Final results from the INO-VATE ALL study of inotuzumab ozogamicin

13 June 2016  •  Author: Victoria White, Digital Content Producer

Final findings from the Phase III INO-VATE ALL evaluating the safety and efficacy of inotuzumab ozogamicin in acute lymphoblastic leukaemia (ALL) have been announced.


In the trial, Pfizer’s inotuzumab ozogamicin was compared with investigator-choice chemotherapy in 326 adult patients with relapsed or refractory CD22-positive ALL. Results showed improvement over chemotherapy on a number of measures including complete haematologic remission and progression-free survival (PFS). Updated results and newly available overall survival (OS) data were also presented as a late-breaking oral presentation at the 21st Congress of the European Haematology Association (EHA) 2016 Annual Meeting.

The INO-VATE ALL study had two independent primary endpoints, complete response with or without haematologic remission and OS. INO-VATE ALL met its first primary endpoint of complete response, which was significantly better with inotuzumab ozogamicin compared to chemotherapy (80.7% vs. 29.4%). Inotuzumab ozogamicin also significantly extended PFS compared to chemotherapy. The second primary endpoint of OS showed a strong trend toward longer OS for patients treated with inotuzumab ozogamicin compared to chemotherapy, but did not reach the level of statistical significance for the trial. The two-year OS rate for inotuzumab ozogamicin was 23% compared to chemotherapy at 10%.

Results from INO-VATE ALL also showed patients treated with inotuzumab ozogamicin achieved high rates of minimal residual disease (MRD) negativity (78.4%), and experienced a duration of response (DOR) of 4.6 months. In comparison, 28.1% of patients treated with chemotherapy achieved MRD negativity and median DOR was 3.1 months. More patients also proceeded to stem-cell transplant with inotuzumab ozogamicin compared to standard chemotherapy.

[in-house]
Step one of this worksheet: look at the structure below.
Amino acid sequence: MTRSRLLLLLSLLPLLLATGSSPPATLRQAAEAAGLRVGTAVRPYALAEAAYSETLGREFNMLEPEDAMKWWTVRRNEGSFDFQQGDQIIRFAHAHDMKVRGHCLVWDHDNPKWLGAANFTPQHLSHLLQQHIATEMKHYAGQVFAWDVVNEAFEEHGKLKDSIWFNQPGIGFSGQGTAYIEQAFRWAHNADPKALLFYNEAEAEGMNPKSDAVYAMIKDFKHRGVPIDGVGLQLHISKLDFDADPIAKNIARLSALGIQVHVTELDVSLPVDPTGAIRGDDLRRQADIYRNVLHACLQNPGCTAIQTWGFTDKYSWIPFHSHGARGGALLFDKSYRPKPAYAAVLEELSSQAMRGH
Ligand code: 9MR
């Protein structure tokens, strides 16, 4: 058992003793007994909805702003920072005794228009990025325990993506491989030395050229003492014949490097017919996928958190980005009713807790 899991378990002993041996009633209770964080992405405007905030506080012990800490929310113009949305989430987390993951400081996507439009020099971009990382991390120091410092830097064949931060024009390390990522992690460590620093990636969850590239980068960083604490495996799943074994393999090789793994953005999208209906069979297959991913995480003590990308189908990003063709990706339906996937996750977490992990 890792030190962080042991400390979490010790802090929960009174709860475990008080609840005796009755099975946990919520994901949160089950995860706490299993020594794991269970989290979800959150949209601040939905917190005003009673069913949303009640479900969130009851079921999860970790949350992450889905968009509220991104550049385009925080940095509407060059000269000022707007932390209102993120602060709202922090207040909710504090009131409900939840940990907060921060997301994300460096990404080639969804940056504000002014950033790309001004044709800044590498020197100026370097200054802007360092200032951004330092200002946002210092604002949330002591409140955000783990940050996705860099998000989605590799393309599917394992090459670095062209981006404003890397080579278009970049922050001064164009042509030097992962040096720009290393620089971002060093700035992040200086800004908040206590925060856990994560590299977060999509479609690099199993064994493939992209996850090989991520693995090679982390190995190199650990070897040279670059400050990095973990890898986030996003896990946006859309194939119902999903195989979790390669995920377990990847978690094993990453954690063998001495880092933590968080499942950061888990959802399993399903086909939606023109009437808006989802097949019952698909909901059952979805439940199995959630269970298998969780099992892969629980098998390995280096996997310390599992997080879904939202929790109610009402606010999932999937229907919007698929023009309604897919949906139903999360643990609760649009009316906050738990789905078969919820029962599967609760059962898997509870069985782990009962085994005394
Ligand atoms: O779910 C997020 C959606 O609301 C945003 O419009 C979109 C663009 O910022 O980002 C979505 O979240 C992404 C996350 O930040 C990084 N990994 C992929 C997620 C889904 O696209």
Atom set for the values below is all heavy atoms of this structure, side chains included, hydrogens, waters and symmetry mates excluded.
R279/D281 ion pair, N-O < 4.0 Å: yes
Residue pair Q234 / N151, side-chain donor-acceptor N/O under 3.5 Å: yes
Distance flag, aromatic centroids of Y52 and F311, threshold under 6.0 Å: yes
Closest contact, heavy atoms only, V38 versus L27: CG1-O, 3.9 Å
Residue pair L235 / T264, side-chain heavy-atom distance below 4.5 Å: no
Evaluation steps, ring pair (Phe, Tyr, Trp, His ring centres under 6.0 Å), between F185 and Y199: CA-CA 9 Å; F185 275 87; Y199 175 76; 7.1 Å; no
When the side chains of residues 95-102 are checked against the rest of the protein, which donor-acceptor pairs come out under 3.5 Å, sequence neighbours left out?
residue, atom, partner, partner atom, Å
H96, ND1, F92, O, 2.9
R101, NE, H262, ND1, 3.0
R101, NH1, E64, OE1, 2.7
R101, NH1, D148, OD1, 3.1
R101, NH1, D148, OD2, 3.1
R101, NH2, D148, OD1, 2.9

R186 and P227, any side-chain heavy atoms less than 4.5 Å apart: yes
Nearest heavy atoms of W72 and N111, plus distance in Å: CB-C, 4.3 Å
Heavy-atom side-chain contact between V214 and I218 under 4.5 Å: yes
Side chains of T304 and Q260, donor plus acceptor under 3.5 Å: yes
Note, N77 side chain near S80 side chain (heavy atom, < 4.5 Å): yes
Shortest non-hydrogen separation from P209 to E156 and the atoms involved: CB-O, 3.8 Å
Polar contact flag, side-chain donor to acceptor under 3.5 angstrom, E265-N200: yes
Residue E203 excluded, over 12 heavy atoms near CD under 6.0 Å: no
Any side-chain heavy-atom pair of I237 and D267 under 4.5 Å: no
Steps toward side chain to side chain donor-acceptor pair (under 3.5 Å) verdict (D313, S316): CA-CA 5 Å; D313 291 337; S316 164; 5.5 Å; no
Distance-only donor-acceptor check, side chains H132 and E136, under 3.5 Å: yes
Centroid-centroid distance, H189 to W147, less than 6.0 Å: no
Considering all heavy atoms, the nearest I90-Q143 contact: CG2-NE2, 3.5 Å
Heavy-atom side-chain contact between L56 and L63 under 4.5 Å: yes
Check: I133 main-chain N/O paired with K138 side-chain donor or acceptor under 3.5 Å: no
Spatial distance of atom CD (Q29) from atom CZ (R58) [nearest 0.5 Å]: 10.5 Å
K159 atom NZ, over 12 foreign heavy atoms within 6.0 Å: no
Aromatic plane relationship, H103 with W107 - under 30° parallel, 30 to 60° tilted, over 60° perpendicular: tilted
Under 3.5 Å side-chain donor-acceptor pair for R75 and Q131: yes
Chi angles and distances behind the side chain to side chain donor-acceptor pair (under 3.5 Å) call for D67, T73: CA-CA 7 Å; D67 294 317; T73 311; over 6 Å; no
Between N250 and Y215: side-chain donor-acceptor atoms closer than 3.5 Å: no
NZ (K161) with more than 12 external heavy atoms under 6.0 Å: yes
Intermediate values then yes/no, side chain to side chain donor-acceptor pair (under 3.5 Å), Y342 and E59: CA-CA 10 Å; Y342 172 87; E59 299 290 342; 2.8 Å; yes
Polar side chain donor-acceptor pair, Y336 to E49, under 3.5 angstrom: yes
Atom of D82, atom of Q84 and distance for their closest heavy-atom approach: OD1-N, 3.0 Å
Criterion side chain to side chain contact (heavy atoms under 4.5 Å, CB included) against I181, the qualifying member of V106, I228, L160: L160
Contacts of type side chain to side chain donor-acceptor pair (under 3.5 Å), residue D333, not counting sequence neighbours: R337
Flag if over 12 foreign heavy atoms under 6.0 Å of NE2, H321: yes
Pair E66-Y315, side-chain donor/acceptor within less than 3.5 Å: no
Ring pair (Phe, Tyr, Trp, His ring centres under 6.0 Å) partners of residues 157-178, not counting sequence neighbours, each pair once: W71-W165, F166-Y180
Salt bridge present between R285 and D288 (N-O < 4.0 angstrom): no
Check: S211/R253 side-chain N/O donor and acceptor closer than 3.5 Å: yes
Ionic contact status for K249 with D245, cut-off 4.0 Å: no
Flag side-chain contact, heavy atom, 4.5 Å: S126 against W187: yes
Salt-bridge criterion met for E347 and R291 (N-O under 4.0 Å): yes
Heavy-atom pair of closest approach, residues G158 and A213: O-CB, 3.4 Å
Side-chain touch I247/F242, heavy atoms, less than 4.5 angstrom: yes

“Gratifying” results

Commenting on the INO-VATE ALL results, Mace Rothenberg, MD, Chief Development Officer, Oncology, Pfizer Global Product Development, said: “Adult patients with relapsed or refractory ALL have a five-year survival rate of less than 10 percent, making these patients particularly difficult to treat. To see remission rates and two-year survival rates that are more than doubled compared to standard of care chemotherapy is very gratifying. We believe these data add to the growing body of evidence that supports inotuzumab ozogamicin as an important potential treatment option in adults with relapsed or refractory ALL.”

The most common adverse events (AEs) observed for both inotuzumab ozogamicin and chemotherapy were cytopenias, including febrile neutropenia (16% vs. 22%). Common nonhaematologic treatment-emergent AEs with inotuzumab ozogamicin included nausea  headache and pyrexia. Patients in the chemotherapy arm experienced nausea, pyrexia and diarrhoea.

Additionally, any-grade veno-occlusive liver disease (VOD) occurred more frequently in patients treated with inotuzumab ozogamicin compared to chemotherapy (11% vs. 1%). Five patients taking inotuzumab ozogamicin developed VOD during treatment and 10 patients developed VOD after subsequent stem cell transplant. Among those taking chemotherapy, one patient developed VOD after transplant; no cases of VOD occurred during treatment with chemotherapy.

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